The future of aquaculture value chain research

Aquaculture has emerged as a major sector in the global food system. The sector contributes up roughly half of global seafood production and one fifth of animal protein intake for nearly half of the world’s population.

Many of the gains in farmed production can be attributed to advances in technical research which increased yields around the world. But if we want to shape more sustainable and equitable growth of aquaculture globally we have to better understand how the industry is organised from production, trade to consumption.

In a recent special issue in the journal Aquaculture we brought together 19 papers from around the world to identify five current trends that are shaping the development of the global aquaculture industry.

First, we see that aquaculture production and trade is predominantly located in domestic markets in the global South, particularly domestic value chains in Asia and Africa. It is these markets that we will continue to drive the majority of demand for aquaculture in the future, rather than OECD markets.

Second, the growth of the aquaculture industry cannot be divided into categories of industrial vs. small scale, or intensive vs. extensive producers. Production is instead occurring at a range of scales and levels of intensity that all play a role that appear to be increasing production and creating wealth for farmers and their communities.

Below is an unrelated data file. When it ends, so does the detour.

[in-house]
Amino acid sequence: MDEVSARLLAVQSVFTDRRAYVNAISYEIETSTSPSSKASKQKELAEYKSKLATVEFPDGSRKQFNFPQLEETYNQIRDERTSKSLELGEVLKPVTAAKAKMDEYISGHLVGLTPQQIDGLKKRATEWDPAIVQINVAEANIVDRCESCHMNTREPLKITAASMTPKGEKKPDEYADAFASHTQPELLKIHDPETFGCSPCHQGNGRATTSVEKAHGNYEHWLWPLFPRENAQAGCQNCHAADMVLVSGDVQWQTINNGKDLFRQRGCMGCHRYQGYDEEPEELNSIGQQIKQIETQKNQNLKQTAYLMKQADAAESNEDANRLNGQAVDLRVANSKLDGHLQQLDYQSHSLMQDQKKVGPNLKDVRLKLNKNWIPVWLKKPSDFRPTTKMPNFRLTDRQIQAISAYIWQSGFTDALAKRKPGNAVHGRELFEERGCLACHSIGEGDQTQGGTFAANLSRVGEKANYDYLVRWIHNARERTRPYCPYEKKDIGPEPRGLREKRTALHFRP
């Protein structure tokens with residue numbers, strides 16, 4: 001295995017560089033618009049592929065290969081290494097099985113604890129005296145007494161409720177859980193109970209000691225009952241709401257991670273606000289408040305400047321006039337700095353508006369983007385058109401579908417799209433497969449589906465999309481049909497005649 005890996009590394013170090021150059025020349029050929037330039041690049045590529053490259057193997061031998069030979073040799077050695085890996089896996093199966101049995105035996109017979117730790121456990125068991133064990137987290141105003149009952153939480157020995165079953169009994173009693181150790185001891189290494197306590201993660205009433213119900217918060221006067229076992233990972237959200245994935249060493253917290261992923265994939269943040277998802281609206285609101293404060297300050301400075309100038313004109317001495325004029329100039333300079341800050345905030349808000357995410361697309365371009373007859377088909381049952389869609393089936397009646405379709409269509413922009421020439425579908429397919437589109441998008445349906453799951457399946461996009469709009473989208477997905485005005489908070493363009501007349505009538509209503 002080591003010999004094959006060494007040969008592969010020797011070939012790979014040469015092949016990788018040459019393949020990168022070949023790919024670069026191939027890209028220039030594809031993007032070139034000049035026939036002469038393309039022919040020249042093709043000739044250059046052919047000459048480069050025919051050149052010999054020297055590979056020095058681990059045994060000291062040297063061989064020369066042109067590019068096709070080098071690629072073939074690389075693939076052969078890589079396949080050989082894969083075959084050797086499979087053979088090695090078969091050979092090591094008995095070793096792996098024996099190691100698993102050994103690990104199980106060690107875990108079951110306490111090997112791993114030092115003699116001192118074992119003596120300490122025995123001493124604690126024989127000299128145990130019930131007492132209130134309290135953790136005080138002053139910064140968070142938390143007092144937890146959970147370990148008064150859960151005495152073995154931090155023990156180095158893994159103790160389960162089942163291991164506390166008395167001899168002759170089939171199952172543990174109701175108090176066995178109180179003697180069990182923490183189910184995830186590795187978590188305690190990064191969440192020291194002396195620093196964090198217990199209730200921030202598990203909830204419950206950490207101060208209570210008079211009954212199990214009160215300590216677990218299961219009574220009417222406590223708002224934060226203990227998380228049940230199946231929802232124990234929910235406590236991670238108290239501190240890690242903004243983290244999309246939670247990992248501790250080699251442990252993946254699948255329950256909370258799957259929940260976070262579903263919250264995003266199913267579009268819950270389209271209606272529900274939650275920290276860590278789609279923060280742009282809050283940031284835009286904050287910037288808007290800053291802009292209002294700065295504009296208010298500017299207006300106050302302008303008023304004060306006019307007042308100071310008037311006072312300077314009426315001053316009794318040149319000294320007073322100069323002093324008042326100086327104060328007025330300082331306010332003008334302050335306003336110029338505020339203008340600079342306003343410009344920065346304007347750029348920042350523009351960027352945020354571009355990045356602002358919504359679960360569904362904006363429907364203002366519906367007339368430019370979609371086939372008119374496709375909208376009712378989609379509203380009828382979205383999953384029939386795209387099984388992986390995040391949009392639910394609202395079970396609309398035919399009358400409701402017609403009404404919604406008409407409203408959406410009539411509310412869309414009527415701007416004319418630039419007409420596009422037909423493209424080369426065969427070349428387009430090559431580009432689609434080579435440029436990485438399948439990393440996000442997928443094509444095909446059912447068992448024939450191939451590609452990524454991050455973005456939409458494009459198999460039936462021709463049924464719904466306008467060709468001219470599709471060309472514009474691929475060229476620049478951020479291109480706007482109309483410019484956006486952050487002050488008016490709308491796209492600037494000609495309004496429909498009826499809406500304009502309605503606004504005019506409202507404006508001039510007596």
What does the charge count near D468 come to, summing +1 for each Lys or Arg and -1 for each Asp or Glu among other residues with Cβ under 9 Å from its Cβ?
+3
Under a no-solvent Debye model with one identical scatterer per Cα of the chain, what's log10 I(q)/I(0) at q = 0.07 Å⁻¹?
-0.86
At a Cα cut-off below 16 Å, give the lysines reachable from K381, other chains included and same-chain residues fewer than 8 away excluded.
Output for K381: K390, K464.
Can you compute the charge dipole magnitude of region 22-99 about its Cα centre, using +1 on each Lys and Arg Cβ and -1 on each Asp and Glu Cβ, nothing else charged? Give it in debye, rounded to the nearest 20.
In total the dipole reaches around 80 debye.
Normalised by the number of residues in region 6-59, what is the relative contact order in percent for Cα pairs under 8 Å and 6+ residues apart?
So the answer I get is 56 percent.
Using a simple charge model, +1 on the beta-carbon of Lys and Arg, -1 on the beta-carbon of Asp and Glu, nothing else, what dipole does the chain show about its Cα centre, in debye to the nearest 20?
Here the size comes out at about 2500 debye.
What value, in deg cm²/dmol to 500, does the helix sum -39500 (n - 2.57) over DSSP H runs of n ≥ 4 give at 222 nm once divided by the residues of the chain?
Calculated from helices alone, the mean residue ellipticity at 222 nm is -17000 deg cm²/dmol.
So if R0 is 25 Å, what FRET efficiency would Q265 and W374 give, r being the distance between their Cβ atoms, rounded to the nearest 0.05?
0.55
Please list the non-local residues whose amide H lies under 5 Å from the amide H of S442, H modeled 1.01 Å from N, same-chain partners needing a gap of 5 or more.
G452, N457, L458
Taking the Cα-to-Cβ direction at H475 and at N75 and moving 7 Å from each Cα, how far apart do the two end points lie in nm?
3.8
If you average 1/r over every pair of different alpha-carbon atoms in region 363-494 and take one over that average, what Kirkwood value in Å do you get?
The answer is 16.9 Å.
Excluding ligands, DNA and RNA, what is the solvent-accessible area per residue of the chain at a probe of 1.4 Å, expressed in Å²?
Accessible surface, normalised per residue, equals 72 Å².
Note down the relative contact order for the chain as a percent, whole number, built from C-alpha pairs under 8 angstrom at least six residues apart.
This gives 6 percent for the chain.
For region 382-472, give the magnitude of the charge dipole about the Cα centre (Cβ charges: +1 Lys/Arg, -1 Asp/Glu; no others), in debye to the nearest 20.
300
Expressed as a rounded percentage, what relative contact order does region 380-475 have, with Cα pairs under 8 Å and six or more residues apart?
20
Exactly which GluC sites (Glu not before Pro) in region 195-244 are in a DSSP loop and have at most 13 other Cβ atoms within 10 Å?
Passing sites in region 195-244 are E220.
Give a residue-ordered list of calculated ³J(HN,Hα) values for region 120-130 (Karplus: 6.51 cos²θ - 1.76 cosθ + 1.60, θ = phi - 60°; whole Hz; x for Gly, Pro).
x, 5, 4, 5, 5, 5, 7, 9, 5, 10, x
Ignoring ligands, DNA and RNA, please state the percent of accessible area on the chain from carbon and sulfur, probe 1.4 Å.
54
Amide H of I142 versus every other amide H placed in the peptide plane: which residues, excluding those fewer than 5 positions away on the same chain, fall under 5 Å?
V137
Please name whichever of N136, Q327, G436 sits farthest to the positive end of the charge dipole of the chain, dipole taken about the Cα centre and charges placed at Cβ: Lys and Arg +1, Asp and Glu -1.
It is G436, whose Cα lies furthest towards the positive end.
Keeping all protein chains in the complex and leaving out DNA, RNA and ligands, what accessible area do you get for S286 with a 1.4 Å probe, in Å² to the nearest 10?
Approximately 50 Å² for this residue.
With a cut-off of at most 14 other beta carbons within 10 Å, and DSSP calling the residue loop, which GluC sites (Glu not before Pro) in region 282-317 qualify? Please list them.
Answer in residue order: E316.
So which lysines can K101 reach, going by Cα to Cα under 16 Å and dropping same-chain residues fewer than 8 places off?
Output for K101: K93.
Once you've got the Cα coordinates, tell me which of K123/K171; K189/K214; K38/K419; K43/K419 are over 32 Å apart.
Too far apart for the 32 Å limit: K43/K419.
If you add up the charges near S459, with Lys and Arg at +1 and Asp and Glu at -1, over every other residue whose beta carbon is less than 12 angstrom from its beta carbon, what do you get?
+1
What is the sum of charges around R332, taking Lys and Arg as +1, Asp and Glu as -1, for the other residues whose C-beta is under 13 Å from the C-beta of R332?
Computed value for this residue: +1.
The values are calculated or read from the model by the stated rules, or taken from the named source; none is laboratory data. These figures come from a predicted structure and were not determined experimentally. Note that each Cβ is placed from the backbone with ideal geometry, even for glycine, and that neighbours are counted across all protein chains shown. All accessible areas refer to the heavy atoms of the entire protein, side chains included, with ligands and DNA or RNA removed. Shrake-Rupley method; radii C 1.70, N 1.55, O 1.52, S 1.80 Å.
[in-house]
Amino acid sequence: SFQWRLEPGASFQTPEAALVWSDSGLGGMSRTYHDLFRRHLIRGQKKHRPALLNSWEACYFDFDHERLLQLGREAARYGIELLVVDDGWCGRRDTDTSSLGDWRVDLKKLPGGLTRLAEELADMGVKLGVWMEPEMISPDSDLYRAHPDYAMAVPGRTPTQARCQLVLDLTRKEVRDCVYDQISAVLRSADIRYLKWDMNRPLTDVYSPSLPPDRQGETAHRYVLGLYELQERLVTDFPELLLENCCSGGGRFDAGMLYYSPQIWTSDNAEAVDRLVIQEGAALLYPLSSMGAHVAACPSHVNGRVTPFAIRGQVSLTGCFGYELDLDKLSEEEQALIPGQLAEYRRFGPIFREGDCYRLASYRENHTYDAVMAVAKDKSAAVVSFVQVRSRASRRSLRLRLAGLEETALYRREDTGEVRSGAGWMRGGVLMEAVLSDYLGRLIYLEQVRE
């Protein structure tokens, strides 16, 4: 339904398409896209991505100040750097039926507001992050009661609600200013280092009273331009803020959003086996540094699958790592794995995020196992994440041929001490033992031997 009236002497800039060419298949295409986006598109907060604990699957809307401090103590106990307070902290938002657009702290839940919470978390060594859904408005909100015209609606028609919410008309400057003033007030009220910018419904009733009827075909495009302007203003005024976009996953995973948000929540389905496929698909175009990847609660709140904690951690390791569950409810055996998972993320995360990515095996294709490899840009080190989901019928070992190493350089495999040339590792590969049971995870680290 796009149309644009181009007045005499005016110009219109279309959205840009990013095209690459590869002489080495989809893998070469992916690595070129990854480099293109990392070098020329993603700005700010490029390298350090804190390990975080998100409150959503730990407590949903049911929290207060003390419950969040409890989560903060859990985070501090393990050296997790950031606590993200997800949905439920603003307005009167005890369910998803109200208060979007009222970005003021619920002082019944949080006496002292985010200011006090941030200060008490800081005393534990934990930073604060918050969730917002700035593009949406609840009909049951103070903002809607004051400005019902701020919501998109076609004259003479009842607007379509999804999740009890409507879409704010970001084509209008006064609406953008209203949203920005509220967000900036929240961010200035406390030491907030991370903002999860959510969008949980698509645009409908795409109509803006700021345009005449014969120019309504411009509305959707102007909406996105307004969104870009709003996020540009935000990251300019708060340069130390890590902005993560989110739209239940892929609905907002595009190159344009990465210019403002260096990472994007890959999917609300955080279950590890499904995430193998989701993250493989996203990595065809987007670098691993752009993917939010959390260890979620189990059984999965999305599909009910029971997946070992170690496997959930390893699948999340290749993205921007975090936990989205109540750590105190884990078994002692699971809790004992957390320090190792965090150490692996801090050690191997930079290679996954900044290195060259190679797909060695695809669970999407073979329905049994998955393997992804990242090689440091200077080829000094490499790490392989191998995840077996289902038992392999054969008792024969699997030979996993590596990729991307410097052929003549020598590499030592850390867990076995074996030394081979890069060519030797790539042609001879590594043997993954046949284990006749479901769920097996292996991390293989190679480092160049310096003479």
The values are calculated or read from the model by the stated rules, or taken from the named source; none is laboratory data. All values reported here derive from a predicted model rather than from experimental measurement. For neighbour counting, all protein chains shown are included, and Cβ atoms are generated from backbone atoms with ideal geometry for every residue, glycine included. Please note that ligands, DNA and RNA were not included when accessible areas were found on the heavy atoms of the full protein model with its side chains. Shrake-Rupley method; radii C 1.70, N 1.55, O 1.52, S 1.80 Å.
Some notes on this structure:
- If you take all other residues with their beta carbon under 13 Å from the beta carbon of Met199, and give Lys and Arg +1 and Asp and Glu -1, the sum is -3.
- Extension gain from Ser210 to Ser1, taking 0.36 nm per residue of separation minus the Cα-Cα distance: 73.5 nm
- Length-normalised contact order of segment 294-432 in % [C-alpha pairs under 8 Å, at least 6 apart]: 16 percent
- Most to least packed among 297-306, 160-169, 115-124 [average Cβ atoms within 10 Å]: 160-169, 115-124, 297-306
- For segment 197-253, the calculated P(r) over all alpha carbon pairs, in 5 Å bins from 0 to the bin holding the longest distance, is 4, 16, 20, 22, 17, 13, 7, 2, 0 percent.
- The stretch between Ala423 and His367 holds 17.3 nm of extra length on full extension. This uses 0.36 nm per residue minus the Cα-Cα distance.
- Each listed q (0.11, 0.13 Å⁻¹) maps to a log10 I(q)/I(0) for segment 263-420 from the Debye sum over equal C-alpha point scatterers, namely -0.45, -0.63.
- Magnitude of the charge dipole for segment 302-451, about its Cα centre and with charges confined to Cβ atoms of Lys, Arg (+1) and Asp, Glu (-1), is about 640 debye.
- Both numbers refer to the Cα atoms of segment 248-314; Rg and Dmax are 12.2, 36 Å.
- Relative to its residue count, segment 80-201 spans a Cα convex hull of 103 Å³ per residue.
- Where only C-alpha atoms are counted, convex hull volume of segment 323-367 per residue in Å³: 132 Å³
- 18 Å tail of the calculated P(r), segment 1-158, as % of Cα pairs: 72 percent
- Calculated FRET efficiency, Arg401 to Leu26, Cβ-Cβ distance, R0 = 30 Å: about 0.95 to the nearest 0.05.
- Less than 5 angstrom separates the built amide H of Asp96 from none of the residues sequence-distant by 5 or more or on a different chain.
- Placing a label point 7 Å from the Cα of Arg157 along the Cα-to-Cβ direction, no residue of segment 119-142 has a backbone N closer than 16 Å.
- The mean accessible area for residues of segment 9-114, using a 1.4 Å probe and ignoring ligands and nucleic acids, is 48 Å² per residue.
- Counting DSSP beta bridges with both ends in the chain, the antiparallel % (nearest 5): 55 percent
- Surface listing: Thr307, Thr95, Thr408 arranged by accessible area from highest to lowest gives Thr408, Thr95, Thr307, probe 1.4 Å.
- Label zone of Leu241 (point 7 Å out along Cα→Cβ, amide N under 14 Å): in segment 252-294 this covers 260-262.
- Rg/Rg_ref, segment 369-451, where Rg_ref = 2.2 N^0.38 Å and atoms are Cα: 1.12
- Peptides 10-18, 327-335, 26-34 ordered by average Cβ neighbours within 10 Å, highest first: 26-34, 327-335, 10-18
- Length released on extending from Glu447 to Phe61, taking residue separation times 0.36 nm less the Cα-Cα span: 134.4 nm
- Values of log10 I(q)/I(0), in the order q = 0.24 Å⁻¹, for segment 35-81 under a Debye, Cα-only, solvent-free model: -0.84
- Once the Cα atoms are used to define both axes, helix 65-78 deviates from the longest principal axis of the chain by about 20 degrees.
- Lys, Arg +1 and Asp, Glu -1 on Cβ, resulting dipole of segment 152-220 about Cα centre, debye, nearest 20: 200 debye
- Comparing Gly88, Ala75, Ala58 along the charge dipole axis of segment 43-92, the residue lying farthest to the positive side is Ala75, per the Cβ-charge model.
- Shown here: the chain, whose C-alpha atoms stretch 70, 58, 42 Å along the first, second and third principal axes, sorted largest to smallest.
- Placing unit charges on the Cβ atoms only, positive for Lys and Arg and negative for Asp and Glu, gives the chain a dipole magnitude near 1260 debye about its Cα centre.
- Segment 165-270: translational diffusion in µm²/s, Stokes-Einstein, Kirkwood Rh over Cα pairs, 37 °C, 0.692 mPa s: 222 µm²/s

Third, the growth and organisation of the industry is driven by changes in the wider global food system linked, for instance, to urbanization and associated diet change. These wider transformations drive where aquaculture is produced, traded and consumed, by who and how.

Fourth, we see growing attention on issues of equity and environmental performance in the aquaculture industry. Which people are, for instance, included in, or excluded from, value chains. And whose values around environmental sustainability are most influential in shaping production practices.

Finally, research is now addressing how processes of technical and institutional innovation can foster improved production and trade. This is not only in terms of technical efficiency, productivity and profitability, but also in terms of environmental impact and social equity.

These emerging themes in aquaculture research also show us what is yet to be done. It is striking that so little international research has paid attention to the organisation of the largest global producer, China, either domestically or through its growing international reach.

There is also much work to be done on fish consumption. In doing so value chain research can reveal far more about changing demand for fish than the literature currently focused on food safety and marketing.

We’ve also only just started to scratch the surface when it comes to the disruptive role of digital trading, like the online retailers Ali Baba and Amazon, or new technologies like block-chain, are already playing in shaping aquaculture trade and logistics.

Likewise there is still a long way to go in understanding how aquaculture value chains can contribute to a more ‘circular’ economy’ leading to the efficient use and reuse of material (waste) flows.

In short, we’ve made progress. But there is a long way to go before we really understand whether and how aquaculture can meet the estimated forecast of 93 million tonnes of production need by 2030 to meet global demand in a sustainable manner.

To learn more read the Special Issue in the journal Aquaculture


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